World Hepatitis Day, on July 28, is an opportunity for everyone to step up national and international efforts on hepatitis.
It is also an opportunity to take action and highlight the need for a greater global response as outlined in the WHO's Global hepatitis report of 2017.
July 28 is the birthday of Nobel-prize winning scientist Dr Baruch Blumberg, who discovered hepatitis B virus and developed a diagnostic test and vaccine.
The celebration is intended to achieve the global elimination of Hepatitis by 2030.
Hepatitis is an inflammation of the liver, most commonly caused by a viral infection.
There are five main hepatitis viruses, referred to as types A, B, C, D and E. These are of greatest concern because of the illness and death they cause and the potential for outbreaks and epidemic spread.
Chronic hepatitis B and C are life-threatening infectious diseases that cause serious liver damage, cancer, and premature death.
More than 300 million people are infected with the hepatitis B virus or the hepatitis C virus.
Hepatitis B and C are silent epidemics, hitting children and marginalized populations the hardest, including people who inject drugs, indigenous peoples, prisoners, men who have sex with men, migrants and people living with HIV/AIDs.
Globally, 90 percent of people living with hepatitis B and 80 percent living with hepatitis C are unaware they are living with the disease, resulting in the real possibility of developing fatal liver disease or liver cancer at some point in their lives and in some cases, unknowingly transmitting the infection to others.
With the availability of effective vaccines and treatments for hepatitis B and a cure for hepatitis C, the elimination of hepatitis is achievable, but greater awareness and understanding of the disease and the risks is a must, as is access to cheaper diagnostics and treatment.
Ensuring that no one is left behind and that policymakers’ deliver on their commitment will be key to achieving elimination.
Data from the World Health Organization show an estimated 257 million people living with chronic hepatitis B and 71 million people living with chronic hepatitis C worldwide.
Viral hepatitis causes more than one million deaths each year. While deaths from tuberculosis and HIV have been declining, deaths from hepatitis are increasing.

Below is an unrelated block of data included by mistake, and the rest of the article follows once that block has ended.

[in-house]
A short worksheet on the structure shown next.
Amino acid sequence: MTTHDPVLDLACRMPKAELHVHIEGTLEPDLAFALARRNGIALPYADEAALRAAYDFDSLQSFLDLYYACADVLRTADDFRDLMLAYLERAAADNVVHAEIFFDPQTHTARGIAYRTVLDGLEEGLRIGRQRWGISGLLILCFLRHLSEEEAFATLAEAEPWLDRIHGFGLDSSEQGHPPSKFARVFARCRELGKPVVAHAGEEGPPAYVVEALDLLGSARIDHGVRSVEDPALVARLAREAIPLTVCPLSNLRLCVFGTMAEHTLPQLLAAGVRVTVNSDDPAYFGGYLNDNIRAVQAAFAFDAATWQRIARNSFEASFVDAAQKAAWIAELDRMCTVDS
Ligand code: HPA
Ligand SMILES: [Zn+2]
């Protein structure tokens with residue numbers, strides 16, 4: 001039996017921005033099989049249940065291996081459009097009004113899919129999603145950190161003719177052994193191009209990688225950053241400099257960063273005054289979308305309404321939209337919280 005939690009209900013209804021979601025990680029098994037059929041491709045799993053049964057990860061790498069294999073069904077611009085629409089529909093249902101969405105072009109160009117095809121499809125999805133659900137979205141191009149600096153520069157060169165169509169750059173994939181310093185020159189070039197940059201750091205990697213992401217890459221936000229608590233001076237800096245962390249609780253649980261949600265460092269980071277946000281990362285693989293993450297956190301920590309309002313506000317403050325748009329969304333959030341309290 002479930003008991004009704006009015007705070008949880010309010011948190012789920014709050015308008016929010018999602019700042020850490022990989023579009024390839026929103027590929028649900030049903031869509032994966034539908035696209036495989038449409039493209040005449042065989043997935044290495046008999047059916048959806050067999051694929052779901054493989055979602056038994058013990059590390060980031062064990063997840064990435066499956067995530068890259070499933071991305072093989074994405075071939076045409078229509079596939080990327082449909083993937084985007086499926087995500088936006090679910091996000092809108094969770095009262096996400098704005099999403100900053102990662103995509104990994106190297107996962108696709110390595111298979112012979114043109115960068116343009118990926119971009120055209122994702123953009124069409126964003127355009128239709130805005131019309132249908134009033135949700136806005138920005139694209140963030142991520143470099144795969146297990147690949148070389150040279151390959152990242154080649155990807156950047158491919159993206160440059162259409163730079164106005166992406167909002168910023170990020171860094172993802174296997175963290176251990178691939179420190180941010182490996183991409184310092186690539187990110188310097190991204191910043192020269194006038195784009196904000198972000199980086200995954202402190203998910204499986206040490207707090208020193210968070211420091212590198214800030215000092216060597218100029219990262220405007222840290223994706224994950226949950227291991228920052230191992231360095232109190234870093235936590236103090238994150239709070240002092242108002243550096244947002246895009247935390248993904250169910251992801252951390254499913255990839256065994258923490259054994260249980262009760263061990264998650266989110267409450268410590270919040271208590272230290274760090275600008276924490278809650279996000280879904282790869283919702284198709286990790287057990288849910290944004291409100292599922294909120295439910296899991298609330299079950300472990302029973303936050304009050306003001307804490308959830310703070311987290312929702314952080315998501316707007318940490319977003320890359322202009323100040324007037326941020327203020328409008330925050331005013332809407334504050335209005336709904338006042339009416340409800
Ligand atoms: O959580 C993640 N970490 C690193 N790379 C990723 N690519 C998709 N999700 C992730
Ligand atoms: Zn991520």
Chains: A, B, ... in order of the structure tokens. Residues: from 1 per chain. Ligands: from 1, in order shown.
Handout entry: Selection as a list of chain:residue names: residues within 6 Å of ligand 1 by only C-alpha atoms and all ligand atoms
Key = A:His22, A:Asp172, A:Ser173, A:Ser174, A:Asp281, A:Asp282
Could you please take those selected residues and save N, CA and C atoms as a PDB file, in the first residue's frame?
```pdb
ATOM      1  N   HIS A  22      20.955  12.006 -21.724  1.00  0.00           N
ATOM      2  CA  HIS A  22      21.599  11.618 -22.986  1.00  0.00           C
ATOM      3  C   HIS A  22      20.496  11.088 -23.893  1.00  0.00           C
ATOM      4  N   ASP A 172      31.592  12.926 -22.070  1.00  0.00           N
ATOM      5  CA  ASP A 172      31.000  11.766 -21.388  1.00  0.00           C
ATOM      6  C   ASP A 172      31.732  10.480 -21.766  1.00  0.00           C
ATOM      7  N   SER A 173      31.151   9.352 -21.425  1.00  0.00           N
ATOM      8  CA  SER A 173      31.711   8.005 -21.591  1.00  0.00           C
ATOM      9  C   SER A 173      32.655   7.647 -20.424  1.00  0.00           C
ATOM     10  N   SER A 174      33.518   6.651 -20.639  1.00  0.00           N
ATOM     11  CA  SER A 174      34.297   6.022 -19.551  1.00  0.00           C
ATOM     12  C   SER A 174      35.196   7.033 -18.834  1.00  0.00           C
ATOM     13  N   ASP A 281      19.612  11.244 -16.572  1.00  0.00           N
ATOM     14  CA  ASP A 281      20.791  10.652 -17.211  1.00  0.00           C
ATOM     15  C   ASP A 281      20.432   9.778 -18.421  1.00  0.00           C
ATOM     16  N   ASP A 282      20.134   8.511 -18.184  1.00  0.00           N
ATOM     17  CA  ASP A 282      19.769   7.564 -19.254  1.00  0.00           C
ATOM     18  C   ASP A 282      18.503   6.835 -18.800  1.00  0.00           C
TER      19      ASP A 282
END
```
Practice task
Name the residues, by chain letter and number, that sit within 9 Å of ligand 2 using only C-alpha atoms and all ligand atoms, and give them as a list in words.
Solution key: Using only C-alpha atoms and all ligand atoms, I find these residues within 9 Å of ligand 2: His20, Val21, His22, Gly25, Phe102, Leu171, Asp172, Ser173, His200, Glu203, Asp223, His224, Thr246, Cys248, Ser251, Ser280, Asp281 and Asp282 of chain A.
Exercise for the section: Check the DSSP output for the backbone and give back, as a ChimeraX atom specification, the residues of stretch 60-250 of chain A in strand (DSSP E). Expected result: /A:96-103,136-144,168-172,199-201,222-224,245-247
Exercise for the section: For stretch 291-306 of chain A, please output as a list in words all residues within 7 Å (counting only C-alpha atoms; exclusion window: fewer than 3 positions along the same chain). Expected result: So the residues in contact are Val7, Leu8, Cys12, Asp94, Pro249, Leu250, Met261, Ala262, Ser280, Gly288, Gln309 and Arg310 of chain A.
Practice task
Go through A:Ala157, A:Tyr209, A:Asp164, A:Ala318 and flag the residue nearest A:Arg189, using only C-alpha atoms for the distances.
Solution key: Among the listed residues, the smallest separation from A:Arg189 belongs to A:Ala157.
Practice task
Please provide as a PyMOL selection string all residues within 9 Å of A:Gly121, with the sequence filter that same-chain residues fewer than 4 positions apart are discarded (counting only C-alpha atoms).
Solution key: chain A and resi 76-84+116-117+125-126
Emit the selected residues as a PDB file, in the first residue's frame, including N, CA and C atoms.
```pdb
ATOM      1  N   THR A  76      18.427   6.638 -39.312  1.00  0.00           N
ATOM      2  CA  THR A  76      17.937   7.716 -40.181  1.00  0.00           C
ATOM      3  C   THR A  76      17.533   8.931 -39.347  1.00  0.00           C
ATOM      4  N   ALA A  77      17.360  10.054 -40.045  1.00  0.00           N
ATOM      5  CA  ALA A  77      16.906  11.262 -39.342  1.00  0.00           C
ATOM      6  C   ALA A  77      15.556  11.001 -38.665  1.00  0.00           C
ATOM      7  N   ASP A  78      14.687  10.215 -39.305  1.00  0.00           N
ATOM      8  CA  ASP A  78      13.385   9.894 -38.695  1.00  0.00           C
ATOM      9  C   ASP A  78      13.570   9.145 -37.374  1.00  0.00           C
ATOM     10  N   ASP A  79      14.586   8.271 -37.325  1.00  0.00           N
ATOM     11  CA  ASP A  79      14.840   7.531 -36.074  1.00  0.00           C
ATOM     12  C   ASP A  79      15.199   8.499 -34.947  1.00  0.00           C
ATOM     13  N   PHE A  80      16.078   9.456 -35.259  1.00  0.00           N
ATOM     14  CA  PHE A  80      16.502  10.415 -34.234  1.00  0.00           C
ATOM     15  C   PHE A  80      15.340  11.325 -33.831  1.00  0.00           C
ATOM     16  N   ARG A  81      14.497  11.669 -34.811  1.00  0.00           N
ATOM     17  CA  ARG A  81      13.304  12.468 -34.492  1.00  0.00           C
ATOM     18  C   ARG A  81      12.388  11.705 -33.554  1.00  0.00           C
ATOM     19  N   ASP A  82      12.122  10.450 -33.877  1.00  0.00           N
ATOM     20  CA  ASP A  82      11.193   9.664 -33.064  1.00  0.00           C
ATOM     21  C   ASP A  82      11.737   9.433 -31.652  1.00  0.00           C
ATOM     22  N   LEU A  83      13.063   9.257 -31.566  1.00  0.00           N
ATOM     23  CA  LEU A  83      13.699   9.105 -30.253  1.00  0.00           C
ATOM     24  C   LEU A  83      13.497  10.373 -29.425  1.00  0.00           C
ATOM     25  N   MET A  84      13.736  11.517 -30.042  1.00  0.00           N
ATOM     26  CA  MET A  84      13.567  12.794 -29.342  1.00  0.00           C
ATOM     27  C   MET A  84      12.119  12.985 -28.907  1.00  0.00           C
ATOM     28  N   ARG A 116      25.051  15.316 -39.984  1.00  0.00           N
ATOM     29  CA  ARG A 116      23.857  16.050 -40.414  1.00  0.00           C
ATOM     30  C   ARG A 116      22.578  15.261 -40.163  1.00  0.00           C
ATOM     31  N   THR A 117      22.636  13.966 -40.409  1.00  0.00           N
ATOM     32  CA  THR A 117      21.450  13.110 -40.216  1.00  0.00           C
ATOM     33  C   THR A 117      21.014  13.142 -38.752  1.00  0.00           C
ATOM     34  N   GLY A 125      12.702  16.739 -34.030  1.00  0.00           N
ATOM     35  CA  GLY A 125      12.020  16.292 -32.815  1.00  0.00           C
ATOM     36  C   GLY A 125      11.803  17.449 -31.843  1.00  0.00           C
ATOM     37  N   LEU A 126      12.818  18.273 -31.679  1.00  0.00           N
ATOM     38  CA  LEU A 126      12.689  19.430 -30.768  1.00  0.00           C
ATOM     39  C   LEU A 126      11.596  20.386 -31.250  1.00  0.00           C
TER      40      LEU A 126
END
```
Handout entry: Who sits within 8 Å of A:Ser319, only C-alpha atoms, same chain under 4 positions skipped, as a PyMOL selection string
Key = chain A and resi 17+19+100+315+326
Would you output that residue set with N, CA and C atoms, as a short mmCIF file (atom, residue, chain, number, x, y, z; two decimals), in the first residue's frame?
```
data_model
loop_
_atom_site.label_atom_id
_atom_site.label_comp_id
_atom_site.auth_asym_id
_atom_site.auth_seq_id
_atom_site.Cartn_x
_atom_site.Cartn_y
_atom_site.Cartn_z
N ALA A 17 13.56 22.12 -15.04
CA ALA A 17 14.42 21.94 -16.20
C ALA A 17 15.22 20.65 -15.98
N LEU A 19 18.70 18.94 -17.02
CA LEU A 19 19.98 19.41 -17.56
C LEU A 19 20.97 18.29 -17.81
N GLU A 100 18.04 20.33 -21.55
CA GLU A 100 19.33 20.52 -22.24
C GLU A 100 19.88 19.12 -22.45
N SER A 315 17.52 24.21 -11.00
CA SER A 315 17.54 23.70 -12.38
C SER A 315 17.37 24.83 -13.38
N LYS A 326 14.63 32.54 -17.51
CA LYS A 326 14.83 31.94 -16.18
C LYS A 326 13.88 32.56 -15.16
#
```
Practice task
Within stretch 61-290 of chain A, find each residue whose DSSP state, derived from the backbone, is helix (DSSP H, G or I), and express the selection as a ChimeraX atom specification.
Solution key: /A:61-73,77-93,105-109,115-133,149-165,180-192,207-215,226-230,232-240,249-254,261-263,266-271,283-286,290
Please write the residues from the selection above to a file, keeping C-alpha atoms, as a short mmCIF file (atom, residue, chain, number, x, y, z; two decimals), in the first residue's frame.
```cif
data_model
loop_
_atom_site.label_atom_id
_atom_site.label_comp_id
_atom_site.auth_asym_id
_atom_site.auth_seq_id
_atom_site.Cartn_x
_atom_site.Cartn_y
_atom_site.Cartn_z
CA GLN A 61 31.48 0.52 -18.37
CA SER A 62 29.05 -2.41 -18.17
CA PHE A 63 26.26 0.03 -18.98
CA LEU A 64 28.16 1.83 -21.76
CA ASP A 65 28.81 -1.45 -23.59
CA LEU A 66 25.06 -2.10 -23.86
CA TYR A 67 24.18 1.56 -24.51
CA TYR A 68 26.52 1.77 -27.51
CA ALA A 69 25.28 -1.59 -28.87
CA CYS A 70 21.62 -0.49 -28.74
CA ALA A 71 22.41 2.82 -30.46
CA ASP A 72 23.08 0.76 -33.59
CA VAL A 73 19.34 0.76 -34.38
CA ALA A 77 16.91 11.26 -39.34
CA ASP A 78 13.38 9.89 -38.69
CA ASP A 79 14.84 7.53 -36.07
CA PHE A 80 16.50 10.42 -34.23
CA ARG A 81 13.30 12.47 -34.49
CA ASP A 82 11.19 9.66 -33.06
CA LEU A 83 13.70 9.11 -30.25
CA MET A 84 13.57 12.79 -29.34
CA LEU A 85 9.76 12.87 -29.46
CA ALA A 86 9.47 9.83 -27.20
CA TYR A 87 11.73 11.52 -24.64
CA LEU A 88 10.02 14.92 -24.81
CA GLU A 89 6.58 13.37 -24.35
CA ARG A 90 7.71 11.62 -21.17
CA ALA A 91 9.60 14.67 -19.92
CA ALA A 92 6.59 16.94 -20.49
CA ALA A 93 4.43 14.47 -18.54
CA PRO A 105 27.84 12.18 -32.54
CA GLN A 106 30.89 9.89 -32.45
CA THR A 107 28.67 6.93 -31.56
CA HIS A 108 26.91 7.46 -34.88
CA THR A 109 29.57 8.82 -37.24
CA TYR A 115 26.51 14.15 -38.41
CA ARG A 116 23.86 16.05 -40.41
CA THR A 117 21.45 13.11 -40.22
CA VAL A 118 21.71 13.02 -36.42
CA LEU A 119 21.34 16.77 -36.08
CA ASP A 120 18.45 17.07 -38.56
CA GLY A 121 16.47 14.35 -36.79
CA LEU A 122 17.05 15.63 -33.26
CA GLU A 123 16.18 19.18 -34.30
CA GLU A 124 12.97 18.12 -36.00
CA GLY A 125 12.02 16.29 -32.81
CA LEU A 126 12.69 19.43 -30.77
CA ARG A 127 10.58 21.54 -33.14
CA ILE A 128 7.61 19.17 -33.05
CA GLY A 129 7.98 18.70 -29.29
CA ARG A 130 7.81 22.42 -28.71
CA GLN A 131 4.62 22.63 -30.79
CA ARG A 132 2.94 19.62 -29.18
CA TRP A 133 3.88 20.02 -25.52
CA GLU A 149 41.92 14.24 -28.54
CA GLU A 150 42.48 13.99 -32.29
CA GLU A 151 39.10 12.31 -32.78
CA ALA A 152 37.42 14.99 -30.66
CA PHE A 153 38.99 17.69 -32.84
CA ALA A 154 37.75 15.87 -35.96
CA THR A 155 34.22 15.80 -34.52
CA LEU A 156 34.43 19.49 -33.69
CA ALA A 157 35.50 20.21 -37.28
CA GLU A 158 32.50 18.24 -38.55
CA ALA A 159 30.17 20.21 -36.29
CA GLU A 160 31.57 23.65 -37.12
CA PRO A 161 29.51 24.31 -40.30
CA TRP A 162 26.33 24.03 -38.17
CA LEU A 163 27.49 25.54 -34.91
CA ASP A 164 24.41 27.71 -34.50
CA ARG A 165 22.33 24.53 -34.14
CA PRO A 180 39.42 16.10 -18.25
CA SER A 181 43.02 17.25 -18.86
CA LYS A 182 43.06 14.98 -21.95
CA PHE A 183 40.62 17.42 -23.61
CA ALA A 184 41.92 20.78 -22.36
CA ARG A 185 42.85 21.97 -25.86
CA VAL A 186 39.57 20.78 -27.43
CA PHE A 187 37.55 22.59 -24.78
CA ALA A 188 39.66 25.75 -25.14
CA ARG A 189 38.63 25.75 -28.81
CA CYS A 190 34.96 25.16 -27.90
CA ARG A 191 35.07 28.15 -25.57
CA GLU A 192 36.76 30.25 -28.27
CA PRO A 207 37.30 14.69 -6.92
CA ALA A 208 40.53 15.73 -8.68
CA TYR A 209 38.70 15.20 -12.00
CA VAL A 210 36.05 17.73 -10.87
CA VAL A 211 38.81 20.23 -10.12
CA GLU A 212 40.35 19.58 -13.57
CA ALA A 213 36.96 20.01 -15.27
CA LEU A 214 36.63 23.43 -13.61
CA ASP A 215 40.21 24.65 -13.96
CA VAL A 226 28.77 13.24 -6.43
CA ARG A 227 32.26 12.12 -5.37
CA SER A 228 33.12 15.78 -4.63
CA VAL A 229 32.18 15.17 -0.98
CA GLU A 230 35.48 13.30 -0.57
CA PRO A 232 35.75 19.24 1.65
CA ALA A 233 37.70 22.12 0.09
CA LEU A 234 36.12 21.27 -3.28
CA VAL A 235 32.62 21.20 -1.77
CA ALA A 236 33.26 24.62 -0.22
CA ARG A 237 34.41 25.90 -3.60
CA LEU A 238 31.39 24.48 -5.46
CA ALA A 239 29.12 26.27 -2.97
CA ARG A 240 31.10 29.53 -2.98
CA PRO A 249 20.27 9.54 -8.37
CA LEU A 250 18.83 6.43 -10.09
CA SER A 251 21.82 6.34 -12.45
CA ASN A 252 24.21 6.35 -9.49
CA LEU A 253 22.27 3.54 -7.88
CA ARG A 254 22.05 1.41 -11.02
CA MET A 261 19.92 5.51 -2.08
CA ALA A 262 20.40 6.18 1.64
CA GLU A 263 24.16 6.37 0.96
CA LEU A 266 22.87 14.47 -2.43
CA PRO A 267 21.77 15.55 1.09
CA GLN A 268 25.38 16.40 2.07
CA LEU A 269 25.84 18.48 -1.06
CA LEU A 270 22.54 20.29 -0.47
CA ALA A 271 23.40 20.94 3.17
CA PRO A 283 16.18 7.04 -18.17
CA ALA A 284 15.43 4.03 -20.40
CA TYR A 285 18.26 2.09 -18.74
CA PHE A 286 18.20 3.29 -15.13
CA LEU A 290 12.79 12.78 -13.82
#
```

The five hepatitis viruses – A, B, C, D, and E – are distinct and can spread in different ways, affect different populations, and result in different health outcomes.
Hepatitis A: Hepatitis A usually spreads when a person unknowingly ingests the virus from objects, food, or drinks contaminated by small, undetected amounts of stool from an infected person. In the United States, hepatitis A is most commonly spread from close personal contact with someone infected, either through having sex, caring for someone who is ill, or using drugs with others. Hepatitis A does not cause a chronic, lifelong infection and is rarely fatal, but it can cause serious symptoms. Vaccination is the best way to prevent hepatitis A. However, good hand hygiene, improved sanitation, and increased food safety can also prevent hepatitis A.
Hepatitis B: Hepatitis B virus is most commonly spread from an infected mother to her baby at birth and among unvaccinated children. People can also become infected from contact with blood and other body fluids through injection drug use, unsterile medical equipment, and sexual contact. Hepatitis B can range from a mild illness lasting a few weeks to a serious, chronic illness. If infected at birth or during early childhood, people are more likely to develop a chronic infection, which can lead to liver cirrhosis or even liver cancer. Getting the hepatitis B vaccine is the most effective way to prevent hepatitis B. WHO recommends that all infants receive the hepatitis B vaccine as soon as possible after birth, followed by 2 to 3 additional shots. In many parts of the world, widespread infant vaccination programs have led to dramatic declines of new hepatitis B cases.
Hepatitis C: The hepatitis C virus is spread through contact with blood from an infected person. People can get infected through sharing any equipment used to prepare and inject drugs and through unsafe medical injections and other medical procedures. Hepatitis C can also spread, although rarely, from an infected mother to her child at birth. Hepatitis C can cause both acute and chronic infections, but most people who get infected develop a chronic infection. A significant number of those who are chronically infected will develop liver cirrhosis or liver cancer. With new treatments, over 90% of people with hepatitis C can be cured within 2 to 3 months, reducing the risk of death from liver cancer and cirrhosis. The first step for people living with hepatitis C to benefit from treatments is to get tested and linked to care. There is currently no vaccine for hepatitis C, but research in this area is ongoing.
Hepatitis D: The hepatitis D virus is spread through contact with infected blood. Hepatitis D only occurs in people who are already infected with the hepatitis B virus. People who are not already infected with hepatitis B can prevent hepatitis D by getting vaccinated against hepatitis B.
Hepatitis E: The hepatitis E virus is spread mainly through contaminated drinking water. Pregnant women infected with hepatitis E are at considerable risk of mortality from this infection. Hepatitis E is found worldwide, with the highest number of infections in East and South Asia. Improved water quality and sanitation can help prevent new cases of hepatitis E.